Experiments applying drugs in vitro were performed as previously described (Argilli et al., 2008) with slight modifications. Briefly, slices were incubated with cocaine (1 μM or 5 μM) and Sal003 (20 μM) for 15 and 20 min, respectively, as shown in Figure 3B. After treatment, slices were transferred (twice) to a 35 mm polycarbonate dish containing regular ACSF for complete drug washout and allowed to recover for 2–4 hr. Whole-cell recordings were then conducted 3–5 hr after the end of drug exposure.
AAV5-Cre (Titer: 1.0e13GC/ml) was purchased from Vector Biolabs (Cat#7012, Philadelphia, PA); Lentiviral constructs expressing Ophn1 shRNA and scrambled shRNA were generously provided by Dr. Linda van Aelst (Nadif Kasri et al., 2011) (Cold Spring Harbor Laboratory) and viruses were produced by Gene Vector Core Laboratory (Baylor College of Medicine). Viral injections were performed as previously described (Di Prisco et al., 2014). Briefly, mice were anaesthetized with isoflurane (2–3%) and viruses (1–2 μl/site) were injected bilaterally at the rate of 0.1 μl/min, and an additional 10 min to allow for diffusion of viral particles. Injection coordinates, targeting VTA, were as follows (with reference to bregma): -2.50 AP, ± 0.45 ML, −4.50 DV. The incision was sutured after injection and mice were returned to home cages. Mouse body weight and signs of illness were monitored until full recovery from surgery (~1 week). Drug treatment and experiments were all performed at least three weeks after viral injection.
The investigators were blind to the genotypes for the behavioral tests. CPP, performed as previously described (Koo et al., 2012), was assessed over 6 days using an unbiased procedure and a standard two-chamber CPP apparatus (Ugo Basile, Varese, Italy). Animal behavior was videotaped with an overhead camera and analyzed by ANY-maze software (Stoelting, Wood Dale, IL). The difference in the time spent in cocaine-paired side versus saline-paired side was calculated as the CPP score. On day 1, a mouse was placed in the chamber with the doors removed for a 30 min pre-training test and the baseline preference was calculated. Mice with strong pre-training preference to any chamber (CPP score >540 s) were excluded from the experiment (<10% of all mice tested). On the following four days, training sessions were performed once a day. On alternate days, mice were given injections of cocaine (5 mg/kg or 10 mg/kg, i.p.) or 0.9% saline (5 ml/kg, i.p.) immediately before being confined to the cocaine-paired or saline-paired chamber for 30 min and then returned to their home cages. On day 6, a test session identical to the pre-training test was conducted to determine the CPP scores.
Mice were anesthetized with isoflurane (2–3%) and mounted on a stereotaxic frame. Cannulae (26 gauge) were implanted bilaterally to target the VTA region at an angle of 15° from the midline at these coordinates: -3.16 mm AP, ± 0.63 mm ML, -3.72 mm DV (as determined from the Paxinos & Franklin atlas). Two jewelry screws were inserted into the skull and the cannulae were held in place by acrylic cement. A 33 gauge dummy probe was inserted into the guide to prevent clogging by tissue debris. Bilateral infusions [0.5 μl of vehicle (0.4% DMSO in saline) or Sal003 (20 μM)] were made via the implanted cannulae in freely-moving mice 30 min before cocaine or saline injection, driven by a motorized syringe pump (KdScientific) at the rate of 0.1 μl/min. After 5 min of infusion, the injector remained in the cannulae for an additional minute to allow diffusion of the solution. Cannula placements were visually confirmed in subsequent brain sections. For electrophysiological and behavioral experiments, mice were killed after all tests for histological confirmation. Brains were fixed in 4% paraformaldehyde and 80 μm sections cut for Nissl-staining to identify cannula placement. Only mice with correct bilateral placements were included in the analyses. Cannulae and infusion accessories were custom-made by Plastics One (Roanoke, VA).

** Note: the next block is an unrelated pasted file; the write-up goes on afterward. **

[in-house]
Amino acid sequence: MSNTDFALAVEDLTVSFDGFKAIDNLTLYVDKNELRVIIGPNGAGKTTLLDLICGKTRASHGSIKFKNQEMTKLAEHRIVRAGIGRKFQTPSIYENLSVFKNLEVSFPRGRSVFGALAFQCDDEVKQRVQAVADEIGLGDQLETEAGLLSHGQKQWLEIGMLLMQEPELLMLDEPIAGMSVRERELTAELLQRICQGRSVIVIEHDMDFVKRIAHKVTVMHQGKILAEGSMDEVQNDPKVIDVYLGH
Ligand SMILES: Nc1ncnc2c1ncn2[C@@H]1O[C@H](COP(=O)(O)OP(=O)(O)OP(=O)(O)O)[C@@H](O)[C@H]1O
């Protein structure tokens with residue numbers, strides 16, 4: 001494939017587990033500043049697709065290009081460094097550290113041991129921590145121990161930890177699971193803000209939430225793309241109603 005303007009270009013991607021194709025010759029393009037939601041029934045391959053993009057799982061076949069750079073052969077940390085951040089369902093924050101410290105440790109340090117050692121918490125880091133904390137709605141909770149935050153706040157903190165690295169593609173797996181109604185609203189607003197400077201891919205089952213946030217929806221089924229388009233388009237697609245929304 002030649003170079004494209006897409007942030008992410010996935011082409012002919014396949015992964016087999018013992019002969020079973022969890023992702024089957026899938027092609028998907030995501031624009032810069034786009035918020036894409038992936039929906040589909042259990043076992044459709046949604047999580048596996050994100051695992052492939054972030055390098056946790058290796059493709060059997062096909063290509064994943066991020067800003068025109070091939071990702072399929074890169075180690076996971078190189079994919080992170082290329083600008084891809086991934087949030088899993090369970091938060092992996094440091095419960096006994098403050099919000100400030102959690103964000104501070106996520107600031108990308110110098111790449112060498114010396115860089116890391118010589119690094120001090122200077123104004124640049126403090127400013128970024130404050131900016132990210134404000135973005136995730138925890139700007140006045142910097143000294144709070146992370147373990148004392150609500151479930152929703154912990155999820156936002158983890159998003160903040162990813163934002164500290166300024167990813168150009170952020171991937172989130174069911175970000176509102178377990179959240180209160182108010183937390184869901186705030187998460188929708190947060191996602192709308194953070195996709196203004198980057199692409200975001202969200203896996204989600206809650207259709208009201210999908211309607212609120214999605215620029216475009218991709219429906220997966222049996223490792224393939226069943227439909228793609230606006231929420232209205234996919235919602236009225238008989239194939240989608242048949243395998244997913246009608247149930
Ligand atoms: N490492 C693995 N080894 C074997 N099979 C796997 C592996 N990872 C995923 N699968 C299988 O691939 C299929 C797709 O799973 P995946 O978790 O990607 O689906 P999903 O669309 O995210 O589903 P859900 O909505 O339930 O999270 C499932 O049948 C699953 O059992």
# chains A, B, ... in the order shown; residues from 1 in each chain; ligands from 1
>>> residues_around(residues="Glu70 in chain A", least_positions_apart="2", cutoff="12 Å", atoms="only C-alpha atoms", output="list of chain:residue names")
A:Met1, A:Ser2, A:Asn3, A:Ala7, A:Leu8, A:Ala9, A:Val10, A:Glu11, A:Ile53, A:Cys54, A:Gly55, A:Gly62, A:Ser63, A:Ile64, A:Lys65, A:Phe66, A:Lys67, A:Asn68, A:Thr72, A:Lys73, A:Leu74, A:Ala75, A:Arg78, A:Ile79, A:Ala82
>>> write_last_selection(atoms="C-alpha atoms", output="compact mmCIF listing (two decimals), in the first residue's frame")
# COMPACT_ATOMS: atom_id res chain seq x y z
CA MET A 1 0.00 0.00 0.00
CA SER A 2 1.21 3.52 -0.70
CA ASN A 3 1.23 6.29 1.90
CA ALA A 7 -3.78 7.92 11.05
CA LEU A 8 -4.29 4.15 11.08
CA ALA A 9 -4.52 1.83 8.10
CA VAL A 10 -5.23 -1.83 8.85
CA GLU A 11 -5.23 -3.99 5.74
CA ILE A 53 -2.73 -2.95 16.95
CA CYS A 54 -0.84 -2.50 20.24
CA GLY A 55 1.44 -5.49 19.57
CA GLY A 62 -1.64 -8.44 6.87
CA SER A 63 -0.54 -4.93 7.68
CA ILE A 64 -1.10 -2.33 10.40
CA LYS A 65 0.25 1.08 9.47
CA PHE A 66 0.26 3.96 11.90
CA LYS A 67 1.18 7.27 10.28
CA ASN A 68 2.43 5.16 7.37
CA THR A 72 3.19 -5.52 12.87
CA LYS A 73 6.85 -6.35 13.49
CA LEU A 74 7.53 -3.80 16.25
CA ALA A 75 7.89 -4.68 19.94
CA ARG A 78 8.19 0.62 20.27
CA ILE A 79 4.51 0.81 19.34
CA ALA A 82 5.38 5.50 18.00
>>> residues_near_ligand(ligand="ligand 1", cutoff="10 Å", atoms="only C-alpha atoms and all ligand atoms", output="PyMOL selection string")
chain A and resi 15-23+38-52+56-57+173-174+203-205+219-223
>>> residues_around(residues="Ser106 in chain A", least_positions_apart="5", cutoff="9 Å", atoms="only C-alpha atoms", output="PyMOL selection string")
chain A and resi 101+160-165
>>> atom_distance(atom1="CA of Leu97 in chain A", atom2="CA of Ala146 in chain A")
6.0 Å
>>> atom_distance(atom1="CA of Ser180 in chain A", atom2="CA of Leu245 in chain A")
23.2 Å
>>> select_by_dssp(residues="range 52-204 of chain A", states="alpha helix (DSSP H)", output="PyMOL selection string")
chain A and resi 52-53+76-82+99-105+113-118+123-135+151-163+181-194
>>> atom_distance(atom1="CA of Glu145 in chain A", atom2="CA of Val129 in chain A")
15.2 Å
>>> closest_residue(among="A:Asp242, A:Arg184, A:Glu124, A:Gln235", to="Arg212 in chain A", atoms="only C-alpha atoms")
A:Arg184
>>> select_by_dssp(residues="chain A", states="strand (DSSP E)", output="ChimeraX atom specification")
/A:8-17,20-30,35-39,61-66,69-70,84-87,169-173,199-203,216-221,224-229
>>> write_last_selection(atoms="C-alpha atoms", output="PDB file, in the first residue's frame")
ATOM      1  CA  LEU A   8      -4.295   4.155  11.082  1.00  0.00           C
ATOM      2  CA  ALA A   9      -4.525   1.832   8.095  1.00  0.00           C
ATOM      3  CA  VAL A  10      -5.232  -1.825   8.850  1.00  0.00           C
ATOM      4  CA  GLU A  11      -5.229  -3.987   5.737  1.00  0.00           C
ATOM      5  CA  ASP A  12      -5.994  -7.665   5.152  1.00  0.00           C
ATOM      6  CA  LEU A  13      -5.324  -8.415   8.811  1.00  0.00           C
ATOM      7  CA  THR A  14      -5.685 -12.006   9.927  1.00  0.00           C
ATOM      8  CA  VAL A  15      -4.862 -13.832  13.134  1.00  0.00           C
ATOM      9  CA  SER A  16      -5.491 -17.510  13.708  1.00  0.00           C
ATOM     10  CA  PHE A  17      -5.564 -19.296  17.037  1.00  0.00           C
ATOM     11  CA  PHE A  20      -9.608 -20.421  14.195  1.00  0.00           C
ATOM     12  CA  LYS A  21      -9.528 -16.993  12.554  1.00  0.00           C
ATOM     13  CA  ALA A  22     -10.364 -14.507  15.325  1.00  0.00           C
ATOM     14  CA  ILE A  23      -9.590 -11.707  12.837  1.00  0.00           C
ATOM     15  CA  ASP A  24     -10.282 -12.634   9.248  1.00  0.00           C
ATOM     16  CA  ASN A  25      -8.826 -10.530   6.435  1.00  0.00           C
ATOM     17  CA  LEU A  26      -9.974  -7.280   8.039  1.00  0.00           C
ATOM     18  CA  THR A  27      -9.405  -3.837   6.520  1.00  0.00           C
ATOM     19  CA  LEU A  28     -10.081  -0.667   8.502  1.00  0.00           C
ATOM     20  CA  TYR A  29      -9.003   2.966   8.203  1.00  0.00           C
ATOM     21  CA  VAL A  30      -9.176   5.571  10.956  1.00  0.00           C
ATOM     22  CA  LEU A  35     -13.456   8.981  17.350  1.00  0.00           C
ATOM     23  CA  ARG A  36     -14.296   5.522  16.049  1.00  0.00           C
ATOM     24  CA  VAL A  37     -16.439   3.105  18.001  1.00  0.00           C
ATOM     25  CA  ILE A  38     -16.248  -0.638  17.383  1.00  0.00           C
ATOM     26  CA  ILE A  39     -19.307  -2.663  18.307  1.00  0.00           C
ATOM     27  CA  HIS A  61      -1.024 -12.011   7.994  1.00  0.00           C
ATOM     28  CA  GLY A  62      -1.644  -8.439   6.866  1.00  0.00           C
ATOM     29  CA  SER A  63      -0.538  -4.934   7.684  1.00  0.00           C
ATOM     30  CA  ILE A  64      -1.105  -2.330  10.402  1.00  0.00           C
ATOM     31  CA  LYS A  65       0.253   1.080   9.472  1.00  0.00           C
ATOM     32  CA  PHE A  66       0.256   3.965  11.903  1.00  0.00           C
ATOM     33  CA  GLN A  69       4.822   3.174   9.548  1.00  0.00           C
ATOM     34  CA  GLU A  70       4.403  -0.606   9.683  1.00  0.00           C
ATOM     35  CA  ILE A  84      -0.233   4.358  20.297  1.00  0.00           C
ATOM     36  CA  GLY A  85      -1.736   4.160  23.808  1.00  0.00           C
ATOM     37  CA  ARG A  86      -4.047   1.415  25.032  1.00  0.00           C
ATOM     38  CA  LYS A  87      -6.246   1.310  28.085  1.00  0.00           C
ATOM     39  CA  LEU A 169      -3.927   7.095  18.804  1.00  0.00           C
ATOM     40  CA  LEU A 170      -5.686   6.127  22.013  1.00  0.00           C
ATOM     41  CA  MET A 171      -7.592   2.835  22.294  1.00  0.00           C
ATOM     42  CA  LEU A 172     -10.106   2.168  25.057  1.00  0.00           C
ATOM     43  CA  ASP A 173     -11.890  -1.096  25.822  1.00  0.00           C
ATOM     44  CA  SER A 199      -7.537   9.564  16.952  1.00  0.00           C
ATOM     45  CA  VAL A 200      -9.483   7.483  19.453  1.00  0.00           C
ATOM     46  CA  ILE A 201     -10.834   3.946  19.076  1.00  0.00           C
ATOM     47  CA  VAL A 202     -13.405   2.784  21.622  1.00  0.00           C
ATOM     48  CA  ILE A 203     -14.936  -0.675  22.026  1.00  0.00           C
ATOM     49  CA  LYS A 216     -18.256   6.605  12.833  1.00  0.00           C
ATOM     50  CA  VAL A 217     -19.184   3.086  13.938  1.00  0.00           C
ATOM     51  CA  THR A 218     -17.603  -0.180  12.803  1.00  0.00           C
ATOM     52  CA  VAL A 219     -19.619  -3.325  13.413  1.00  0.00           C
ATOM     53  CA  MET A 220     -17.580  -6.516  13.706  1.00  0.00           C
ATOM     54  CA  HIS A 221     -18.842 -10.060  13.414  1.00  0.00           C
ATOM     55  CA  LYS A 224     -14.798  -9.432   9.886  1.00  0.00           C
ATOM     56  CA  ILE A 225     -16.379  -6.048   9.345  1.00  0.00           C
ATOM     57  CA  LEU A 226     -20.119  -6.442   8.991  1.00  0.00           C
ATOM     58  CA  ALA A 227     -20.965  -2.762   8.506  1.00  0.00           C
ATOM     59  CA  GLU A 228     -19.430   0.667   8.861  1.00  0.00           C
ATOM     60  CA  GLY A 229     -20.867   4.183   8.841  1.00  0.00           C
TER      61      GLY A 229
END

VTA samples were micro-dissected from 1 mm coronal sections obtained using an acrylic mouse brain matrix (Stoelting). Briefly, mice were killed by an overdose of isoflurane and their brains were quickly removed and placed in ice-cold PBS-immersed brain matrix for sectioning. The section containing most of the VTA (typically 8th from rostral to caudal) was then transferred for microdissection of the VTA using scalpels over an ice-cold petri-dish. Samples were collected in pre-chilled microcentrifuge tubes and lysed in homogenizing buffer [200 mM HEPES, 50 mM NaCl, 10% Glycerol, 1% Triton X-100, 1 mM EDTA, 50 mM NaF, 2 mM Na3VO4, 25 mM β-glycerophosphate, and EDTA-free complete ULTRA tablets (Roche, Indianapolis, IN)]. Western blotting was performed as previously described (Huang et al., 2013). Primary antibodies for Western blotting were rabbit anti-p-eIF2α (Ser51) (1:1000, Cell Signaling Technology Laboratories, Danver, MA), mouse anti-total eIF2α (1:1000, Cell Signaling Technology Laboratories, Danver, MA), and mouse anti-β-actin (1:10,000, EMD Millipore, Billerica, MA).